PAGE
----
A majority of people in Britain may be against a no-deal Brexit, but Boris Johnson doesn’t want to find out.
On the long road that the UK has been travelling since the 2016 referendum, today will see this country take a most fateful step as Boris Johnson presents his Brexit deal to the EU.
Leaks of some supposed details and the manner in which this plan is to be delivered do not hold out much hope for those opposed to a possibly catastrophic no-deal Brexit on 31 October.
Officials briefed ahead of the Prime Minister’s speech to the Conservative Party conference that if the EU did not “engage” with the offer, then the UK Government would not negotiate until after Britain’s departure. That’s the sort of talk which accompanies an ultimatum, rather than the start of talks.
Excerpts from Johnson’s speech, released in advance, suggest he realises the need to deliver another ultimatum, this time to the citizens of this country.
He raises the prospect of “years of uncertainty” under Prime Minister Jeremy Corbyn with second referendums on Brexit and Scottish independence.
Like many Brexiteers, he claims to speak for the “people”, saying they are “beginning to feel that they are being taken for fools... to suspect that there are forces in this country that simply don’t want Brexit delivered at all”.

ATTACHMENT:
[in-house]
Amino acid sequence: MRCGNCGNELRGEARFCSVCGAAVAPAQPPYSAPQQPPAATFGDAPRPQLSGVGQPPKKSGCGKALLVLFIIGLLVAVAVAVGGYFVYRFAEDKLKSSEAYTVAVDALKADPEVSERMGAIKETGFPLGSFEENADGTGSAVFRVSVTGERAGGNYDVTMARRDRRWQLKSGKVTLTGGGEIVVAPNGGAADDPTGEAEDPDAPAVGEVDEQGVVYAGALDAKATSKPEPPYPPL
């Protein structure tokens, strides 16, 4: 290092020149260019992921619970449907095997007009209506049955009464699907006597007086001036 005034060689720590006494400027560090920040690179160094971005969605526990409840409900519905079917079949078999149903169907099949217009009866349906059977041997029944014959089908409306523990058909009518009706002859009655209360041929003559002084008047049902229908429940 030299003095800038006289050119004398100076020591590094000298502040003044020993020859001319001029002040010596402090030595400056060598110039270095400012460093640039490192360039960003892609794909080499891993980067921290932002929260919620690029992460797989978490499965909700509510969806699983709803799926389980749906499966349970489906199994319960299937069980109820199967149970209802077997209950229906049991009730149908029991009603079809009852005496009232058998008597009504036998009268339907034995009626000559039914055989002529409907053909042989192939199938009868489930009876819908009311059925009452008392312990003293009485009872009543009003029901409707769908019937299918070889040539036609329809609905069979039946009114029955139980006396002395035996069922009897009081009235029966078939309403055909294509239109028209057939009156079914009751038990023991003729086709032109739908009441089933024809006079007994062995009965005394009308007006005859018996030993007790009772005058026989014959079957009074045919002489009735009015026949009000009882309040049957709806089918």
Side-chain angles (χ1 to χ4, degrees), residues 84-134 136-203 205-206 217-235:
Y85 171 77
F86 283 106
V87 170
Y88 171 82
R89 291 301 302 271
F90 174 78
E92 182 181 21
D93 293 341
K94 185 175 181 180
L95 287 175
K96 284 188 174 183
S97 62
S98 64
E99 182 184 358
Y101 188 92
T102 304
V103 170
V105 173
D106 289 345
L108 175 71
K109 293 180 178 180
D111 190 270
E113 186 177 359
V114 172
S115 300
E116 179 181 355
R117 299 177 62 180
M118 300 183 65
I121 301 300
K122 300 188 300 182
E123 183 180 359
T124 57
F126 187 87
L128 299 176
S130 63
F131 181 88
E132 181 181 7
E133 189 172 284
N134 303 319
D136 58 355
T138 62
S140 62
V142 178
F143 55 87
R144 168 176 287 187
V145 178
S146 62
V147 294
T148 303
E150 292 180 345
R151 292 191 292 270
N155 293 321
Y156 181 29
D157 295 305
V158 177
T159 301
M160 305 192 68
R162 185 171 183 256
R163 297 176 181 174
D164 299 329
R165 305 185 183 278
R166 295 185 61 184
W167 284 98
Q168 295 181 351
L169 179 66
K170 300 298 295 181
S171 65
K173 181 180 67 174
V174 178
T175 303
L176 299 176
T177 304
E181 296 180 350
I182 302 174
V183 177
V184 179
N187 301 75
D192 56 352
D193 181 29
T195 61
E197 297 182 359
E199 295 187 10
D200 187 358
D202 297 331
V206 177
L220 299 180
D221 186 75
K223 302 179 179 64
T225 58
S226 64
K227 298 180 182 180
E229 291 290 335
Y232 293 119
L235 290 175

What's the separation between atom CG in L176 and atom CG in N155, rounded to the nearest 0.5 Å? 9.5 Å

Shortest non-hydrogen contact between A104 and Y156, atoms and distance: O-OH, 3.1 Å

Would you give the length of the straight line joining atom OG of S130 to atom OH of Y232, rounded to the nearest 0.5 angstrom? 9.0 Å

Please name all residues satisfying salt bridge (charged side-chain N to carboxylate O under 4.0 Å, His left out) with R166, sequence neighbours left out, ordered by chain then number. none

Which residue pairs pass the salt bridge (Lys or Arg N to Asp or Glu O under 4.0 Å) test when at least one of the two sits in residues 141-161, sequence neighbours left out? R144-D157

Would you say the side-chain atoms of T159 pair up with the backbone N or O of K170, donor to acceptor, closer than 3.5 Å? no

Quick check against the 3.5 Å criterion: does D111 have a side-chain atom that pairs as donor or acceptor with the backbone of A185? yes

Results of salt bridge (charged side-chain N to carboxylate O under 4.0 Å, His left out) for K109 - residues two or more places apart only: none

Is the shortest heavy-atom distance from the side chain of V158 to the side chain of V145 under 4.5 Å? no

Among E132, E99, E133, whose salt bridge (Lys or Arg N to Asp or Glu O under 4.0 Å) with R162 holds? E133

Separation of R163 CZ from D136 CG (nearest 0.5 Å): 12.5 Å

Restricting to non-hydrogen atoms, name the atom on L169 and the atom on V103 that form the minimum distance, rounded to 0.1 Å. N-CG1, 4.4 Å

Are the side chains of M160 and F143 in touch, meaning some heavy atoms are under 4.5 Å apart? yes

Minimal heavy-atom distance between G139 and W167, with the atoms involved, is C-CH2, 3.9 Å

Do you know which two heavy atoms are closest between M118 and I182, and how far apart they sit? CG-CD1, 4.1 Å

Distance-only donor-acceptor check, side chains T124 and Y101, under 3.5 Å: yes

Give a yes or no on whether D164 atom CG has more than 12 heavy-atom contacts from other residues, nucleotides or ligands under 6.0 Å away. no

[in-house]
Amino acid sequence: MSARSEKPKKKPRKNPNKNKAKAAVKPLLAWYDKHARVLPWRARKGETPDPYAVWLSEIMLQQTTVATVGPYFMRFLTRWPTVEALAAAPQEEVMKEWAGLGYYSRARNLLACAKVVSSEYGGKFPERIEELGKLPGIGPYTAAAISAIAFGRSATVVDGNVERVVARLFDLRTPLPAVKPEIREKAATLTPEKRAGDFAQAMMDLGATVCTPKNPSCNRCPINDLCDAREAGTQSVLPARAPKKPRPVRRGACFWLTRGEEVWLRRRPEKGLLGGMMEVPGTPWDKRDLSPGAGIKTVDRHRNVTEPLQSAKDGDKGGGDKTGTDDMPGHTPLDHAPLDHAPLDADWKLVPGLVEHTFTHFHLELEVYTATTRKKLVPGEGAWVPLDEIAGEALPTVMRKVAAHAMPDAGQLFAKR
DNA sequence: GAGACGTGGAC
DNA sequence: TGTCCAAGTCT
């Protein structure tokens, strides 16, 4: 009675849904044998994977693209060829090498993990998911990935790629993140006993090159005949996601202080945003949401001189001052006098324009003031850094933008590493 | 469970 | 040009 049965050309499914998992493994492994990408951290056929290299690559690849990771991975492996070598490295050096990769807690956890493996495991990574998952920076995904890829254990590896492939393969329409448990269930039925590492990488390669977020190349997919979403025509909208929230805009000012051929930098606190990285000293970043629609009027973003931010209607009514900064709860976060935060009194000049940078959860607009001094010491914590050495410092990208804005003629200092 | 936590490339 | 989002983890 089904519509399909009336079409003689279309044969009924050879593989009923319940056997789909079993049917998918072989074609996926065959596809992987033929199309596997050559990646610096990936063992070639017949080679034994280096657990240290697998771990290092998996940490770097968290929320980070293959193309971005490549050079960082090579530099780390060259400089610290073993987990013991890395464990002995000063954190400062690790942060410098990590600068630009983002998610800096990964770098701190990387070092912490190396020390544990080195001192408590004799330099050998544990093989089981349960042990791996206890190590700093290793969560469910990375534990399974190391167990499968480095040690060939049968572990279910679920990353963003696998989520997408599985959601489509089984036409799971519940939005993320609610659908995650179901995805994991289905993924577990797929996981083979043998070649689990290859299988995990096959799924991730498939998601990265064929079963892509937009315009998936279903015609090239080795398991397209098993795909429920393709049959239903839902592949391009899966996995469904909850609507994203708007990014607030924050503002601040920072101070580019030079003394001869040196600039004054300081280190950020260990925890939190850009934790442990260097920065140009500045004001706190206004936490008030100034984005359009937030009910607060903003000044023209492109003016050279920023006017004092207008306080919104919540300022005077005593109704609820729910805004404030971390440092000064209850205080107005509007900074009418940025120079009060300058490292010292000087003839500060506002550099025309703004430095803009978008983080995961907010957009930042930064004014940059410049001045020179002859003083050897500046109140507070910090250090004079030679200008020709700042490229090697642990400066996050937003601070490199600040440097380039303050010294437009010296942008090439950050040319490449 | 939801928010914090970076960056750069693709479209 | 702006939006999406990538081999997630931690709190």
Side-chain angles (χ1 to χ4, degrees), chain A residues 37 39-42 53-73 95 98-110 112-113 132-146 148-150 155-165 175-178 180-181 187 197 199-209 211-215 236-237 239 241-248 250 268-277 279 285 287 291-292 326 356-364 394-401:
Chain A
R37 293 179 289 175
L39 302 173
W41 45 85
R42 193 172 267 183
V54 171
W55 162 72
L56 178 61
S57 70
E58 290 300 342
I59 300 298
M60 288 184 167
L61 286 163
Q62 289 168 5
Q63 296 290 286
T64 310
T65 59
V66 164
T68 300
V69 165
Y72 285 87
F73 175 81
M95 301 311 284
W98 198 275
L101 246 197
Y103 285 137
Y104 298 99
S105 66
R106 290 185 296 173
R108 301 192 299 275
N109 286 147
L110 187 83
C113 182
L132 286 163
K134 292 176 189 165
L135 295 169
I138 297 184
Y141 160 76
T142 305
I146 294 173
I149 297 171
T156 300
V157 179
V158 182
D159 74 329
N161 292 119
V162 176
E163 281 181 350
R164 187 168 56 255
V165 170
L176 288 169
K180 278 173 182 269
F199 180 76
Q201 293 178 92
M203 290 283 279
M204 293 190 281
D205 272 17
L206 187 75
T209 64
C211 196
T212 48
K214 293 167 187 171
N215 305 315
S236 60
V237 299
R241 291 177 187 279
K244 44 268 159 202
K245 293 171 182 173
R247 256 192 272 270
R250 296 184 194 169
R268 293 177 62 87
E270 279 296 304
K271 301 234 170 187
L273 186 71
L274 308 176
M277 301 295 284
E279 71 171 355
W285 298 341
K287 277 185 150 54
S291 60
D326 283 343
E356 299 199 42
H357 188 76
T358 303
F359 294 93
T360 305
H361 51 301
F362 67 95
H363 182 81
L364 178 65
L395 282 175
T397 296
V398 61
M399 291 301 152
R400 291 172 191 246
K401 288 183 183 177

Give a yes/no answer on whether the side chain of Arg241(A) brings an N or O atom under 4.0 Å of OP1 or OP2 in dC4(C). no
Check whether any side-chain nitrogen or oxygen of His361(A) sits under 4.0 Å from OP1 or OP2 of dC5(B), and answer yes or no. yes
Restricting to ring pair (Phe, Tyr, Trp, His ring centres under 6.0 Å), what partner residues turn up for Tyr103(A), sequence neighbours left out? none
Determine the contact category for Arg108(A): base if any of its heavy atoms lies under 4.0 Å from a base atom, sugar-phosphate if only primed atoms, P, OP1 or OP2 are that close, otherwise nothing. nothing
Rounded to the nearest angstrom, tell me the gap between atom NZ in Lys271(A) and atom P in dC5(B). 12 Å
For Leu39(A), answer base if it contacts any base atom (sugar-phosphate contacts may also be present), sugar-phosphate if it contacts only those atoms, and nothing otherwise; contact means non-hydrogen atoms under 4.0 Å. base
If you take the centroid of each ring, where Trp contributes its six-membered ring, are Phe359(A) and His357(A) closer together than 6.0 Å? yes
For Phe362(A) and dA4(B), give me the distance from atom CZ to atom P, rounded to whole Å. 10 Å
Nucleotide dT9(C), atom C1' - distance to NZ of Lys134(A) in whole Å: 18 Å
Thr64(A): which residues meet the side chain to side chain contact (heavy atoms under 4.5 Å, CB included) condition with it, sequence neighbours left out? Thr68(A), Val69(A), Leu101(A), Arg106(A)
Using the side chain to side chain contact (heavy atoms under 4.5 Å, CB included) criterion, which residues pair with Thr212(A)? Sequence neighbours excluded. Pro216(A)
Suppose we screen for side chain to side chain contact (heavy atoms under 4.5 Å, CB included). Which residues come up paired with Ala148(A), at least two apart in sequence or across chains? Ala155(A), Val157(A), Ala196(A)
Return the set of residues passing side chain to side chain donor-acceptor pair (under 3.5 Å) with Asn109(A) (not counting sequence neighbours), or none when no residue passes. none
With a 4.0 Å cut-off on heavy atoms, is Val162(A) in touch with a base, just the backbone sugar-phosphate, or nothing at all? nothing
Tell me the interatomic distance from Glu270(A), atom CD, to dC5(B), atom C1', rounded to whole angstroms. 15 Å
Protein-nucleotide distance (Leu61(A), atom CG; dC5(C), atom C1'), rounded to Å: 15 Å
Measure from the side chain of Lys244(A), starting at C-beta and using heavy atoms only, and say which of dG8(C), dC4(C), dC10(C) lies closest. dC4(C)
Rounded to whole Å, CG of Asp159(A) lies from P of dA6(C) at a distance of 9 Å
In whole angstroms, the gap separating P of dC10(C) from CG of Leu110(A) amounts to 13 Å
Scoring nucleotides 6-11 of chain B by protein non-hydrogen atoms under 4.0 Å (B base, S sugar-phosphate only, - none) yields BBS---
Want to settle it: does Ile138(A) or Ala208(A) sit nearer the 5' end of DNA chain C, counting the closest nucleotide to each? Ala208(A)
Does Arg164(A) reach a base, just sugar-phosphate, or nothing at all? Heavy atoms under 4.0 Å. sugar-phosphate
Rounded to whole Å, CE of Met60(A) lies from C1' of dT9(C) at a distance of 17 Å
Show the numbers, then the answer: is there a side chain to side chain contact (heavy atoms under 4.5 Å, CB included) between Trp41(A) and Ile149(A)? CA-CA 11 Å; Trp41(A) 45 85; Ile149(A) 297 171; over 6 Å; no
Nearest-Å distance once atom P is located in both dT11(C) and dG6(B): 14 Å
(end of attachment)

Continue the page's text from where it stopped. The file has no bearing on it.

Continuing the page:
Democracy at stake?
And he warns of “grave consequences for trust in democracy”. This sounds like groundwork for a no-deal Brexit – accept it or democracy could be at risk.
It’s worth noting that while a small majority of people voted for Brexit one Thursday in June 2016, the UK electorate is about 45.8 million people.
Presumably not all Leave voters were in favour of no-deal, so when Johnson talks in sinister tones about “forces in this country” he could actually be talking about the majority of the people who live in it.
Maybe Johnson has discovered a solution to the Northern Ireland border question that no one else has thought of; perhaps the EU will cave in to his demands. But it hardly seems likely.
If the options are no-deal or Remain, the voice of the people must be heard in a single, final EU referendum. That would mean a few months of debate – not years of further turmoil as Johnson claims – but it would, once and for all, settle the matter. If the “people” truly are so desperate to leave the EU that they willing to risk plunging the UK into an economic abyss, so be it. But they should be given the chance to have their say.